Why Artemis 1 moon rocket launched was scrapped for second time by NASA – and when could be the next opportunity

NASA’s new moon rocket sprang another dangerous fuel leak, forcing launch controllers to call off their second attempt to send a crew capsule into lunar orbit with test dummies.

The first attempt earlier in the week was also marred by escaping hydrogen, but those leaks were elsewhere on the 98-metre rocket, the most powerful ever built by NASA.

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Launch director Charlie Blackwell-Thompson and her team tried to plug Saturday’s leak the way they did the last time: twice stopping and restarting the flow of super-cold liquid hydrogen in hopes of removing the gap around a seal in the supply line.

They also flushed helium through the line, but the leak persisted.

Blackwell-Thompson finally halted the countdown after three to four hours of futile effort.

NASA wants to send the crew capsule attached to the rocket around the moon, pushing it to the limit before astronauts get on the next flight.

NASA’s Artemis I rocket did not launch on Saturday. Credit: Joe Raedle/Getty Images

If the five-week demo with test dummies had succeeded, astronauts could fly around the moon in 2024 and land on it in 2025. People last walked on the moon 50 years ago.

On Monday, hydrogen fuel escaped from elsewhere in the rocket.

Technicians tightened up the fittings over the past week, but Blackwell-Thompson had stressed that she wouldn’t know whether everything was tight until Saturday’s fueling.

SSpectators wait to view the Artemis I rocket launch at the Kennedy Space Center in Cape Canaveral, Florida September 3, 2022. Credit: Red Huber/Getty Images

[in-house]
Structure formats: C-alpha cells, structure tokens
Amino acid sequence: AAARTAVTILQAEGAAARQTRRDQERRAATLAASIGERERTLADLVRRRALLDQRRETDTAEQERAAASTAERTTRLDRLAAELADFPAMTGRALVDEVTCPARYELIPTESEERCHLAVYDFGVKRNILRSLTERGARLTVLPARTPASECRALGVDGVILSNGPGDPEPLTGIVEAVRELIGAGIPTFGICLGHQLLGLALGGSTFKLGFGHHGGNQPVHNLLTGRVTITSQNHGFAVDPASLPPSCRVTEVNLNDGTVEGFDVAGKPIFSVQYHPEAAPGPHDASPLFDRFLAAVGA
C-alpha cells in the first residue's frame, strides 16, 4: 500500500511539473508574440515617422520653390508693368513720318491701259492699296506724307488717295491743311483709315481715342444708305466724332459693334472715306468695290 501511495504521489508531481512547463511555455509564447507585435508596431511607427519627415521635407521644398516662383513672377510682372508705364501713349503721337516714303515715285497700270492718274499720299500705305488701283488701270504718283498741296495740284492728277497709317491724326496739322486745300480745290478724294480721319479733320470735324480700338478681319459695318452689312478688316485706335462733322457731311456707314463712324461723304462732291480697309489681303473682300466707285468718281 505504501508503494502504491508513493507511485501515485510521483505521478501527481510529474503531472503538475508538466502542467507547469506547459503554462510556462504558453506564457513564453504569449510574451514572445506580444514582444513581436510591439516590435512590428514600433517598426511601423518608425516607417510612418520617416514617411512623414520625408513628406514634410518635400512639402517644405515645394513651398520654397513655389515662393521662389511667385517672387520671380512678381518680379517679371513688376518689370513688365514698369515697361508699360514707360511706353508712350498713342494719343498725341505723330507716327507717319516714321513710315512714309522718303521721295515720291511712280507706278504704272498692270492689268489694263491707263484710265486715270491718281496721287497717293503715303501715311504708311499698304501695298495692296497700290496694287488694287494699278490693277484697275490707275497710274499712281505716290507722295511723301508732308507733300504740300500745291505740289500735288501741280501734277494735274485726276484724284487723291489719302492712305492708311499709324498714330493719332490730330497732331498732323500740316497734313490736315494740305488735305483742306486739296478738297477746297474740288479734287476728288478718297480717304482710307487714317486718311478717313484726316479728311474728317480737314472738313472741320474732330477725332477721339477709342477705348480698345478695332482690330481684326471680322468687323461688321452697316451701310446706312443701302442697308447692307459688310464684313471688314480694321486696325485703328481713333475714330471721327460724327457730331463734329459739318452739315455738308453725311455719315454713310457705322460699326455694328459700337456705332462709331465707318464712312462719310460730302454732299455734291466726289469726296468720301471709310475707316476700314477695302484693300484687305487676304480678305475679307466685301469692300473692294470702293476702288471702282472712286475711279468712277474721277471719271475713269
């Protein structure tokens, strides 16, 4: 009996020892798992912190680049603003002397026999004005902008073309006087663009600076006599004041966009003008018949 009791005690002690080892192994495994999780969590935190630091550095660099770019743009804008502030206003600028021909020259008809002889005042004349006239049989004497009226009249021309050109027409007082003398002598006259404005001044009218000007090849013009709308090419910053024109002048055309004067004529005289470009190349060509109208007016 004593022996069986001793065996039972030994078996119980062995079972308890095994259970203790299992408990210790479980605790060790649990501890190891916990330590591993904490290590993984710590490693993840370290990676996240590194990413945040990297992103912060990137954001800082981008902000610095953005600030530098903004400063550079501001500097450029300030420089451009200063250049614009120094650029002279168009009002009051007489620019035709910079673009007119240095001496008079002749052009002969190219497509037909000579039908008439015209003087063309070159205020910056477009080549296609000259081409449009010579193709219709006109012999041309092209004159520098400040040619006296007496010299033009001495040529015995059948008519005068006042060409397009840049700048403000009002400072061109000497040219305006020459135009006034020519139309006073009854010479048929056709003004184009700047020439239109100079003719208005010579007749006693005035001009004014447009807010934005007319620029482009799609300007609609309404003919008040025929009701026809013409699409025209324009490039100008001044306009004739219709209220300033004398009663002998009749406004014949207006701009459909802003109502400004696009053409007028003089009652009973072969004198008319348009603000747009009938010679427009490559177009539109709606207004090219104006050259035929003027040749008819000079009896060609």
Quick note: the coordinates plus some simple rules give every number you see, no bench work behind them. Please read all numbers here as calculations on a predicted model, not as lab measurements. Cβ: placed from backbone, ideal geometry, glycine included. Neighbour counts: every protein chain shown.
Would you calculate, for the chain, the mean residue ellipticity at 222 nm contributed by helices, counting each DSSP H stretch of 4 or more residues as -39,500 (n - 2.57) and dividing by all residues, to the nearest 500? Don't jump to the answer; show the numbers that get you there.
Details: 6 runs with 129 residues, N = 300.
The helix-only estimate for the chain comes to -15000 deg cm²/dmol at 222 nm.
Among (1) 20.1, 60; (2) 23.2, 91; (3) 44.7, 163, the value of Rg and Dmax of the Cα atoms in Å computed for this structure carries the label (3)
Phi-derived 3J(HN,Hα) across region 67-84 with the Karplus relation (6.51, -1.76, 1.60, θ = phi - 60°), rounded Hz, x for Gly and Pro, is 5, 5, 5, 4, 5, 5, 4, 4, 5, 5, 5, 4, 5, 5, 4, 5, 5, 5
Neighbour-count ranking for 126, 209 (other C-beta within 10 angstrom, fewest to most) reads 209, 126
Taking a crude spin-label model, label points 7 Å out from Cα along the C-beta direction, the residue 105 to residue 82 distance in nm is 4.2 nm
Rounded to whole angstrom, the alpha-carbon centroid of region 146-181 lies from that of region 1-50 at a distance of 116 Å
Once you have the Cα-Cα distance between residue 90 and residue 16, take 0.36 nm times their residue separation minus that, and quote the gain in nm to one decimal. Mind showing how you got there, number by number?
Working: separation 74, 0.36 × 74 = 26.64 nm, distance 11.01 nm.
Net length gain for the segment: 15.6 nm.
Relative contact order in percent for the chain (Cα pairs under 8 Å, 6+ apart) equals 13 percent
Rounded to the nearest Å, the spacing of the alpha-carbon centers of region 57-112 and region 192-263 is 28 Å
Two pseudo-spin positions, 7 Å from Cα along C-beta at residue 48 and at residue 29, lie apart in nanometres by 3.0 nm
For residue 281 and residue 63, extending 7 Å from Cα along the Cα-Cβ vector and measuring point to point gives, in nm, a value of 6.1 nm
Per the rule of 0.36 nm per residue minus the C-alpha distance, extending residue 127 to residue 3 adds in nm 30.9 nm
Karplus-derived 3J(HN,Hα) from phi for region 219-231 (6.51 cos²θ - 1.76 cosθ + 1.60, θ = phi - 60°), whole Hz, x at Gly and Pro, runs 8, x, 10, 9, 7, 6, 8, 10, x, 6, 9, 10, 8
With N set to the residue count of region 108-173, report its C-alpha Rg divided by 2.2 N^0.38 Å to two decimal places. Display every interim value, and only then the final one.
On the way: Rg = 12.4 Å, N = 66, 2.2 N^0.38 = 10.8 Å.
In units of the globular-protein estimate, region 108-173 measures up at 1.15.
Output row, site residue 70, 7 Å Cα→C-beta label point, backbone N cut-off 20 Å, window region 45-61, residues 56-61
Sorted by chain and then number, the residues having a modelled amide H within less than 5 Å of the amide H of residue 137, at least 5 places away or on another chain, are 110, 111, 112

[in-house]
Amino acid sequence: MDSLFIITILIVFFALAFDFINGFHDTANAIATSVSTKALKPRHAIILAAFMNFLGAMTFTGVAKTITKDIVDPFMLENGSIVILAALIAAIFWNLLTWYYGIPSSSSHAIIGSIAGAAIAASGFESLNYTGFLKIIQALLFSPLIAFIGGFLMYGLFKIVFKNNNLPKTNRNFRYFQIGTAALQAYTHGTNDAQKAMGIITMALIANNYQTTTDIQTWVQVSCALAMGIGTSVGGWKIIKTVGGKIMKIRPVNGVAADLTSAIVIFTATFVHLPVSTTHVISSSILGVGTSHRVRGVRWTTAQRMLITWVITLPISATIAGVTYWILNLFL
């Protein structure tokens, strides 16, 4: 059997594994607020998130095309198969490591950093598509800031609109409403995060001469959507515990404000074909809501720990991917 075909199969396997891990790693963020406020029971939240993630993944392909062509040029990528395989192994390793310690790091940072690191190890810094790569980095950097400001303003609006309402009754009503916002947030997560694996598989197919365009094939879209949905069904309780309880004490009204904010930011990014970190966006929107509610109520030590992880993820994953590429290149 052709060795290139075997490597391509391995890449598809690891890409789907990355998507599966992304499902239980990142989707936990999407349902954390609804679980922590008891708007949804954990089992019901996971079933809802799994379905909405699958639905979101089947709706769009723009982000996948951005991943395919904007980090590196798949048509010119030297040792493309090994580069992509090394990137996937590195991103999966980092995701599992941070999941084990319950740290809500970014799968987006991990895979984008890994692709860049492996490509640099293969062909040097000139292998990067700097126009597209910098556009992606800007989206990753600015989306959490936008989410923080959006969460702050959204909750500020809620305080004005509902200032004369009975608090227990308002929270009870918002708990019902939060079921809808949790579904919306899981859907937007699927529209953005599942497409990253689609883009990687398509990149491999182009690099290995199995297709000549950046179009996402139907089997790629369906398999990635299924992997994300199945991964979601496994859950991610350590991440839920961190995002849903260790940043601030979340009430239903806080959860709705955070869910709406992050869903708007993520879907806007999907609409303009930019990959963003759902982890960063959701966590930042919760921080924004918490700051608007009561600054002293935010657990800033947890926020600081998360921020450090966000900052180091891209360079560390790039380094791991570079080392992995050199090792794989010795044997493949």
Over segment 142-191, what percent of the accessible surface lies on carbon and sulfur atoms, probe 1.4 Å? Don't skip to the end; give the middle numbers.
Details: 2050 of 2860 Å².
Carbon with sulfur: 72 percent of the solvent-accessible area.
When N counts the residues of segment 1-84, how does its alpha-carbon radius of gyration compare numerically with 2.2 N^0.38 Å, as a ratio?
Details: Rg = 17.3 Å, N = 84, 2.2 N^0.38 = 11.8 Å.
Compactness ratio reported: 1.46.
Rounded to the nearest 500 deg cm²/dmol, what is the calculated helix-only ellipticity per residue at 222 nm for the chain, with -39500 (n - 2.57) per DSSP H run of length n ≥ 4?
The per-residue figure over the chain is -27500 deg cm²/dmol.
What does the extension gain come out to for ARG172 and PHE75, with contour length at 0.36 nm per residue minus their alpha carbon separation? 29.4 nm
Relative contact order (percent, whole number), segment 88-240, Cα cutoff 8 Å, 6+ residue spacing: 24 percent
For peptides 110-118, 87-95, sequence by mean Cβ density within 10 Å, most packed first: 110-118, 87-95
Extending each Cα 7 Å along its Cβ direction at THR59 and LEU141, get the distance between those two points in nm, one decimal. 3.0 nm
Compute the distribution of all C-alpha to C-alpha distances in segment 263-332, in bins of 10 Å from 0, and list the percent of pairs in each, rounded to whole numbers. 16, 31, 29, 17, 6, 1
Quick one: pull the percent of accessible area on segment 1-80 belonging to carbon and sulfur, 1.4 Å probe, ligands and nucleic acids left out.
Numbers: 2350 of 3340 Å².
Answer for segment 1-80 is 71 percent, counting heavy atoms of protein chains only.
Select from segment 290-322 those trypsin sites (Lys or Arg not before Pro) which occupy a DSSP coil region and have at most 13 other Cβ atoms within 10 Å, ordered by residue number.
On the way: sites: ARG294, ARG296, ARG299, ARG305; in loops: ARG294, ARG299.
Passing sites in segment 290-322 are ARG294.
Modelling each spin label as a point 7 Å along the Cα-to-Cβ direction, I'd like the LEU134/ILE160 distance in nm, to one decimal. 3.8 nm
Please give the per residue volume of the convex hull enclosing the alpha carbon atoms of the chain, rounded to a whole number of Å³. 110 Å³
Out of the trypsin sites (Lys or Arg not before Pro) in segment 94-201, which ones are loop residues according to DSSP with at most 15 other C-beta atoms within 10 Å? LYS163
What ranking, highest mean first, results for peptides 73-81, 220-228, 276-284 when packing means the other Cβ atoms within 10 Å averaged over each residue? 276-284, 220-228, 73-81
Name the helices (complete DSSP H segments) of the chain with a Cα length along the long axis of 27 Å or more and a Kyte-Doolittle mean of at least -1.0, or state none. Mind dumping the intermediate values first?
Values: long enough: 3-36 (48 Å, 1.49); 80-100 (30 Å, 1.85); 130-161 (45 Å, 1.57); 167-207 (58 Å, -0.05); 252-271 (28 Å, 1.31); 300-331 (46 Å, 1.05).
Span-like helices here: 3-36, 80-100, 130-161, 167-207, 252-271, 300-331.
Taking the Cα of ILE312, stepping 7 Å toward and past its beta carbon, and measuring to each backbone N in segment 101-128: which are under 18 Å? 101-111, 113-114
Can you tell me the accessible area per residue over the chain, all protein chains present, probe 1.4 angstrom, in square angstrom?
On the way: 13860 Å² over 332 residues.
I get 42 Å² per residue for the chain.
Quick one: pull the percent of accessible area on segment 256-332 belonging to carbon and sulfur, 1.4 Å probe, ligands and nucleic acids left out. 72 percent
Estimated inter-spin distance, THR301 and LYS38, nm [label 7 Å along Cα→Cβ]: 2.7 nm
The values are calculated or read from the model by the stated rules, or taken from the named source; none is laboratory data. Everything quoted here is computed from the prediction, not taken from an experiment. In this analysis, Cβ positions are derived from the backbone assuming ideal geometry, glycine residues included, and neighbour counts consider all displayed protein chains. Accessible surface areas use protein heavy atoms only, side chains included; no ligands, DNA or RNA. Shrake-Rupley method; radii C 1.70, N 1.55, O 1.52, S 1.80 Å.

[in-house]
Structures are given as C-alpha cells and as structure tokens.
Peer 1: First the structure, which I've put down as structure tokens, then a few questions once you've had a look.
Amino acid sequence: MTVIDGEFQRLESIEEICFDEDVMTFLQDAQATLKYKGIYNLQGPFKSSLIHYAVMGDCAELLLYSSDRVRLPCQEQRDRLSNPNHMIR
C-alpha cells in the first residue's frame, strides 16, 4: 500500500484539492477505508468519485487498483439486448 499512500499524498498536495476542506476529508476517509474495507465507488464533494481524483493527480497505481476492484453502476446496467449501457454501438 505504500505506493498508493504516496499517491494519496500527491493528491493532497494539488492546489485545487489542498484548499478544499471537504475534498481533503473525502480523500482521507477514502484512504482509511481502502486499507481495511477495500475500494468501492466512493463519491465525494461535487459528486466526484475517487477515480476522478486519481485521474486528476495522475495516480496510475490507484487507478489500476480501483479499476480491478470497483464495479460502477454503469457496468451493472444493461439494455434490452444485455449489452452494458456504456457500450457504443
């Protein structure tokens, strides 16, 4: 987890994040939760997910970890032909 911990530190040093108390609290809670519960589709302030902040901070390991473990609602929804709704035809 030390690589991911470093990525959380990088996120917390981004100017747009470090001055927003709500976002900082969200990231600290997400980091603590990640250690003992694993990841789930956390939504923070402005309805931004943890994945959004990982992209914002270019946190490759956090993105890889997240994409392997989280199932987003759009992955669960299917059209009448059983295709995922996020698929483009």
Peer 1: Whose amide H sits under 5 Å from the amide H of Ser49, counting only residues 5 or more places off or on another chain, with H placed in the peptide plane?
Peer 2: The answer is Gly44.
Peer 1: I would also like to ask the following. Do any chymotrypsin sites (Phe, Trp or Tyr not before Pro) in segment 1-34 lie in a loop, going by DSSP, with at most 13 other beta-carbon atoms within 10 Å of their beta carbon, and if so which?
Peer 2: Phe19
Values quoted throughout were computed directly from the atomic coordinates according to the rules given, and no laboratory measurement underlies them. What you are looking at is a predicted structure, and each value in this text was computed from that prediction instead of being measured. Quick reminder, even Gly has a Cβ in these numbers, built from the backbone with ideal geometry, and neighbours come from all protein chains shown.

Thousands had taken up position along the coast to see the Space Launch System rocket soar. Local authorities had expected massive crowds because of the long Labor Day holiday weekend.

The $4.1 billion test flight is the first step in NASA’s Artemis program of renewed lunar exploration, named after the twin sister of Apollo in Greek mythology.

Twelve astronauts walked on the moon during NASA’s Apollo program, the last time in 1972.

Artemis, years behind schedule and billions over budget, aims to establish a sustained human presence on the moon, with crews eventually spending weeks at a time there. It’s considered a training ground for Mars.

NASA’s Artemis I rocket sits on launch pad 39-B at Kennedy Space Center on September 2, 2022. Credit: Joe Raedle/Getty Images

Meanwhile, NASA has indicated it will not pursue a launch of Artemis I for the remainder of the launch period, which ends on Tuesday.

Future launch periods in September and October depend on what the team decides early next week.

NASA Administrator Bill Nelson reminded that the shuttle was sent back to the Vehicle Assembly Building 20 times before it launched.

“We do not launch until we think it’s right,” Nelson said.

“These teams have labored over that and that is the conclusion they came to. I look at this as part of our space program, in which safety is the top of the list.”

– With CNN

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